He loved his family. He loved his hometown. He loved his fellow Marines. He loved his country.

Here, today, we post this marker, this memorial to one of Belleville’s best, Belleville’s bravest.

We salute you, Pfc. Donald Baron Saunders.

We will not forget you or the 158 other Belleville sons who paid for our freedom with your lives.

Semper fi.


Donald Saunders, NJ Vietnam Memorial, © 2004 by Anthony Buccino

New Jersey Vietnam Veterans Memorial, Holmdel, N.J.


SAUNDERS, DONALD BARON

BELLEVILLE, NJ

Date of Birth: Tuesday, February 17, 1948
Sex: Male
Race: Negro
Marital Status: Single

Branch: Marine Corps
Rank: PFC
Serial Number: 2253764
Component: Regular
Pay grade: E2
MOS (Military Occupational Specialty code): 3371 -Cook

Start of Tour: Wednesday, July 26, 1967
Date of Casualty: Monday, March 4, 1968
Age at time of loss: 20
Casualty type: (A1) Hostile, died
Reason: Artillery, rocket, mortar (Ground casualty)
Country: South VietNam
Province: Quang Tri


Pfc. Donald Saunders © 2004 by Anthony Buccino, Washington, DC

The Vietnam War Memorial Wall 

The Wall: Panel 42E - Row 071


Another Belleville Son Dies in Vietnam Battle

(The Belleville Times - March 14, 1968) -- "Since he had to leave this world, I'm glad he left it the way he did, with courage and fighting for his country."

There was little else for William D. Saunders of 20 High Street, Belleville, to say. He is the father of Pfc. Donald Saunders who was killed in action in Vietnam recently.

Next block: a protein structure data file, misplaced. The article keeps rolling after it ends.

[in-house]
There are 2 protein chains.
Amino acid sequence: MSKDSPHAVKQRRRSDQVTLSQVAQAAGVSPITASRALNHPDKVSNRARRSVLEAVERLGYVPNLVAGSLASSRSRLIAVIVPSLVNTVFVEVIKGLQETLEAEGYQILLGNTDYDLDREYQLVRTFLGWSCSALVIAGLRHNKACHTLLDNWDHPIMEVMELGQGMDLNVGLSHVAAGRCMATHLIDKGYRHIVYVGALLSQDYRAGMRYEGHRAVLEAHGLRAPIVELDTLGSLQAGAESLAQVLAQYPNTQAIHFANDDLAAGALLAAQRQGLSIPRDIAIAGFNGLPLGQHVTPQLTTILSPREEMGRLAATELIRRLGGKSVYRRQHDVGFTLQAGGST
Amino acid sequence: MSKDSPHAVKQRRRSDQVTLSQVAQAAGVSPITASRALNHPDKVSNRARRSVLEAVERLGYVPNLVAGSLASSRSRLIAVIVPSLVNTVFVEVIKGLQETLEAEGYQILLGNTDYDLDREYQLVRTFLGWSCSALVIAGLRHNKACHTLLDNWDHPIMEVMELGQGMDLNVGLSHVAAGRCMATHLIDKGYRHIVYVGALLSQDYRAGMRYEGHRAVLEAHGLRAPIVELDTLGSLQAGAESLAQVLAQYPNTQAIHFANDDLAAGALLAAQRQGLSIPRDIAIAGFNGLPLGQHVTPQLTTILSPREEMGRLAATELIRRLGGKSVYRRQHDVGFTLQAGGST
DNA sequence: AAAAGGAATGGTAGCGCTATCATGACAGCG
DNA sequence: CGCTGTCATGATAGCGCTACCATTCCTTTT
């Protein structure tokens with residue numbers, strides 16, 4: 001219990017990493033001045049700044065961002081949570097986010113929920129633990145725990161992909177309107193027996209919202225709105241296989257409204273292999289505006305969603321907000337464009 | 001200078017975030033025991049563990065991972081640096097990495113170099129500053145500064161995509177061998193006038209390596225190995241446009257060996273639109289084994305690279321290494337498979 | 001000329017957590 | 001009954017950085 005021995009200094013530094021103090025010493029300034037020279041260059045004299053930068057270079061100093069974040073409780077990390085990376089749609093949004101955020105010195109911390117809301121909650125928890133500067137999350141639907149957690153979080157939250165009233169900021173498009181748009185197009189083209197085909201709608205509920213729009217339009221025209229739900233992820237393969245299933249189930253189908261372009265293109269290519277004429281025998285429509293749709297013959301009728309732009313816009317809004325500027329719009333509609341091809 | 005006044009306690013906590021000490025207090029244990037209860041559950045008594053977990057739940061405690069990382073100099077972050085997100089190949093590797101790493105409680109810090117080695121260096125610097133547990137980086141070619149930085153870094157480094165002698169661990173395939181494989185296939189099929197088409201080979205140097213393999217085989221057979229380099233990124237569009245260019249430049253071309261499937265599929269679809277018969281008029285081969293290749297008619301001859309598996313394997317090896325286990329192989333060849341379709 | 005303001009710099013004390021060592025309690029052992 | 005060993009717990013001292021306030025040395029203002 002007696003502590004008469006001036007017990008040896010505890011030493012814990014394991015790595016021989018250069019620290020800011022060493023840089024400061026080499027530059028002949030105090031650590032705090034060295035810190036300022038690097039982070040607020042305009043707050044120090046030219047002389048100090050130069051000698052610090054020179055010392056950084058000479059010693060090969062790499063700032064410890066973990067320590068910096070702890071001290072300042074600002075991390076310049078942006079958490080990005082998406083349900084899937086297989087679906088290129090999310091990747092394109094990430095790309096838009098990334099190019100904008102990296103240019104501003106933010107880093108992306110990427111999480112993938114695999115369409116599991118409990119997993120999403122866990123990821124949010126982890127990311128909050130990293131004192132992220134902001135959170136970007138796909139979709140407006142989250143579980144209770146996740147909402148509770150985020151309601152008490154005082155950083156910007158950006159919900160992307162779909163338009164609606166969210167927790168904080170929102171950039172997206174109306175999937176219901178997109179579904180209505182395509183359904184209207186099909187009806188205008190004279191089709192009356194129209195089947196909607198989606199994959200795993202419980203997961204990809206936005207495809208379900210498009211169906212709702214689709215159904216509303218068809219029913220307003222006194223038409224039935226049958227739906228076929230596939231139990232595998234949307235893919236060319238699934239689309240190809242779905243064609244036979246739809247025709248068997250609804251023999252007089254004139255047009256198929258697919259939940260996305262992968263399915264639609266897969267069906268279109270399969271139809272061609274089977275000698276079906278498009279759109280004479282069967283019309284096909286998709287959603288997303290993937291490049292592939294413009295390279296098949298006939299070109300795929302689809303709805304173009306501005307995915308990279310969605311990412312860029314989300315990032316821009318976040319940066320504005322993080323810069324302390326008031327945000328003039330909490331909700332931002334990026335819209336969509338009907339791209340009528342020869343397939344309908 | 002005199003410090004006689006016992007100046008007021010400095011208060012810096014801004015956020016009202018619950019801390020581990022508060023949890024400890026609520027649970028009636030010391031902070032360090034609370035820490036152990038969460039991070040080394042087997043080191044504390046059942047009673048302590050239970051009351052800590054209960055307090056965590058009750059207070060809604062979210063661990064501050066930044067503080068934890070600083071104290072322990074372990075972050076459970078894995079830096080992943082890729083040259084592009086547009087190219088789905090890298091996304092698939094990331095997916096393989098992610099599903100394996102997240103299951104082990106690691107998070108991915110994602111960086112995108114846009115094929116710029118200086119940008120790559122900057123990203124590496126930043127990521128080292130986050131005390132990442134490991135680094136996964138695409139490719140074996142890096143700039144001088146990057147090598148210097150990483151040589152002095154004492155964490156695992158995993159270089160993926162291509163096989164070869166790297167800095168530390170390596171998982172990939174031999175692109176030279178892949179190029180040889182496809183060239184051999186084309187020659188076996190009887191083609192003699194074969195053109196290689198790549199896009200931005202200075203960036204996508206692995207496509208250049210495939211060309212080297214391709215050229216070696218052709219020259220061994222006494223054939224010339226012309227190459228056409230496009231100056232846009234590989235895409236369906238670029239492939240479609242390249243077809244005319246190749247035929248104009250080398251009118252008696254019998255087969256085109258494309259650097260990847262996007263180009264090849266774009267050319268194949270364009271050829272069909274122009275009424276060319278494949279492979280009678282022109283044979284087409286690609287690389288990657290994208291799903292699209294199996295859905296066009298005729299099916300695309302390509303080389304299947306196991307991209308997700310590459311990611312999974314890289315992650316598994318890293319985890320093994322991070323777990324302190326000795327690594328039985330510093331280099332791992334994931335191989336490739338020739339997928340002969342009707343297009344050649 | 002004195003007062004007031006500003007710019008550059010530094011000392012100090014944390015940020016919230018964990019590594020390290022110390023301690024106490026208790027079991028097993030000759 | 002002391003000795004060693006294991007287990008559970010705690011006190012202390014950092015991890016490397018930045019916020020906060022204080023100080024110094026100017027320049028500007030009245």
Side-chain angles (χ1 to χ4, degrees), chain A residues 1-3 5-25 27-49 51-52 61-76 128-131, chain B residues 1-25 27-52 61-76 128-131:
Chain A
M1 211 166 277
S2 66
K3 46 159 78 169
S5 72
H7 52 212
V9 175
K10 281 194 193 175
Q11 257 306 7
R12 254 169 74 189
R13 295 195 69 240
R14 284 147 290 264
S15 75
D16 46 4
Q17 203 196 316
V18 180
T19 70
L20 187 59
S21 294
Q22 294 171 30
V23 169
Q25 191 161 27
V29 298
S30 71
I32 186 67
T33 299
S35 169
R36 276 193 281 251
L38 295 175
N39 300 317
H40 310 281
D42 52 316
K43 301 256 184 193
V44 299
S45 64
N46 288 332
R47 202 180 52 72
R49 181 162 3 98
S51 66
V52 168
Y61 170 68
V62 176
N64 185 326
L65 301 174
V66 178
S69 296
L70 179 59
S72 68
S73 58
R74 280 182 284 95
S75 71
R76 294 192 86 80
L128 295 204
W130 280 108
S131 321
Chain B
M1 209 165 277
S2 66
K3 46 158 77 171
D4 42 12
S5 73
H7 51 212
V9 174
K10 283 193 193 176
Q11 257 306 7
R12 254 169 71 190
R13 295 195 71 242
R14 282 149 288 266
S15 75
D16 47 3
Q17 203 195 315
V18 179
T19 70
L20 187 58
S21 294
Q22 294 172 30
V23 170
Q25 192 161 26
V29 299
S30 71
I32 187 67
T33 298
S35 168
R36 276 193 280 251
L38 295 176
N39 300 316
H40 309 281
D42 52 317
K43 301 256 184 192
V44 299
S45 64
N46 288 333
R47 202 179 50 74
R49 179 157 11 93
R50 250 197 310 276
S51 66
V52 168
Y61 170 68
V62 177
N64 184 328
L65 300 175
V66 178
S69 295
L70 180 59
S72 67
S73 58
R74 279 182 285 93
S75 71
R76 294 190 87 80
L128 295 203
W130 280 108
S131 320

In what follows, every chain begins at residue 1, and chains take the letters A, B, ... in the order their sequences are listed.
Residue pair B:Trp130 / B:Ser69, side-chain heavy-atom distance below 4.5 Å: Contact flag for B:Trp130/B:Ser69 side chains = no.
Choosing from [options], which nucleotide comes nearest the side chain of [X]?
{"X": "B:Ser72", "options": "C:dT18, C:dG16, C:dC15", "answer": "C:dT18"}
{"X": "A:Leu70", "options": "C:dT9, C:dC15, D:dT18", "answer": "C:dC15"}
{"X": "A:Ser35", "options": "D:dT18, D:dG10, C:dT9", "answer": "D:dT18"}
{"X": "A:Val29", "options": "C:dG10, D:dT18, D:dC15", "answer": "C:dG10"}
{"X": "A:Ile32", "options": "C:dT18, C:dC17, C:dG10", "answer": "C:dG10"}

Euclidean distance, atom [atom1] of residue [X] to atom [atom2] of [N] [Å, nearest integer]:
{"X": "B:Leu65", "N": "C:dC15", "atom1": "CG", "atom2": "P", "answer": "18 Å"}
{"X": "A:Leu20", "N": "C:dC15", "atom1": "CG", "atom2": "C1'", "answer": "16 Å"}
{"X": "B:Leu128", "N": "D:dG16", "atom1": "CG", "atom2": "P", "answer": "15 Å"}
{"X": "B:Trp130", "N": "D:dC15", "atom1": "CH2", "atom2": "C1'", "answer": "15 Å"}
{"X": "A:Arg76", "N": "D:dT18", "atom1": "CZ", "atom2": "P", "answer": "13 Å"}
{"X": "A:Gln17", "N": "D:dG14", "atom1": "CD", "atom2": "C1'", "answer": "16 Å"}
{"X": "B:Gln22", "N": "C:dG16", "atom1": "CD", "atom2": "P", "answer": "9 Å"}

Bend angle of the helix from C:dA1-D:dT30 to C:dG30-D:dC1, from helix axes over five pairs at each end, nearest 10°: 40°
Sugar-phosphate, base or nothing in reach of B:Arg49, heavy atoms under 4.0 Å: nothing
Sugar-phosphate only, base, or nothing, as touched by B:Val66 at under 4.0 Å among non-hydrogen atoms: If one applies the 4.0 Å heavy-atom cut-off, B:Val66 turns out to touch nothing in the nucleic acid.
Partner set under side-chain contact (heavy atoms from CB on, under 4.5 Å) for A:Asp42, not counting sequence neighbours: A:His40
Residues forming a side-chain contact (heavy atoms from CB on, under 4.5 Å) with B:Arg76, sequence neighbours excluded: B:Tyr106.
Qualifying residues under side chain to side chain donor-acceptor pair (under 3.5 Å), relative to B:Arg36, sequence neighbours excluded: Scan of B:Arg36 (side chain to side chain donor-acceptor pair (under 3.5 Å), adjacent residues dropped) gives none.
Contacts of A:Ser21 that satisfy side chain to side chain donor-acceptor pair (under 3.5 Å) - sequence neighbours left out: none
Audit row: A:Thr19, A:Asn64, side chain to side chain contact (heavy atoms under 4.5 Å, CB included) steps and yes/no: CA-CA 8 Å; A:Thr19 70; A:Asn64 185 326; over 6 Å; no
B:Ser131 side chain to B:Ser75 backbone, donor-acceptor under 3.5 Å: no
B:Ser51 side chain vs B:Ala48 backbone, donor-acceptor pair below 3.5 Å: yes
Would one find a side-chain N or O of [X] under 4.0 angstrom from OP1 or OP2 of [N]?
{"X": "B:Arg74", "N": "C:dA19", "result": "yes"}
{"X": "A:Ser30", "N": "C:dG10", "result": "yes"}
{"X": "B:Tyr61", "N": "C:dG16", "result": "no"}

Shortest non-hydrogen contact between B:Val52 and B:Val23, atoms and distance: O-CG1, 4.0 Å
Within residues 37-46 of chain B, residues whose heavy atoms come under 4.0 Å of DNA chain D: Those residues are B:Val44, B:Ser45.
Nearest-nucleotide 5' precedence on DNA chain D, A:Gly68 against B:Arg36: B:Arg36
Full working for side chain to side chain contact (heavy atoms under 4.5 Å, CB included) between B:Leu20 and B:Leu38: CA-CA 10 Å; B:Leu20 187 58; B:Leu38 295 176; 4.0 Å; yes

The young Saunders, only 20, died of wounds on his head and body from an enemy mortar fire in Quang Tri last week. Saunders was killed while defending the Marine Corps combat base of Khe Sanh during the 77-day siege.

Saunders enlisted in the Marines two years ago on Sept. 28. It was a day that William Saunders will  never forget as it was the elder Saunders' birthday.

Donald completed his basic training at Parris Island, S.C., and advanced infantry training at Camp Lejeune, N.C. He volunteered for duty in Vietnam.

When asked why, Mrs. Maisie Saunders, his mother, said, "Donald was never too talkative. He made his own decisions. I think he felt the boys were doing a good job and he should back them up."

"It was just a job that had to be done, for him," added Saunders, and he never complained. In all his letters there was never a word of complaint. He tried to reassure us, in fact."

Mrs. Saunders states that Donald did mention in one letter that he did not know whether it was the last letter or not and that they were surrounded by the enemy.

According to his mother, the difficulties of the people of Vietnam particularly affected him. He wrote home about the villagers who had to scramble for food and were so starved that they were eating garbage.

Donald did manage to telephone home just two weeks ago at 3 a.m. to talk to his parents.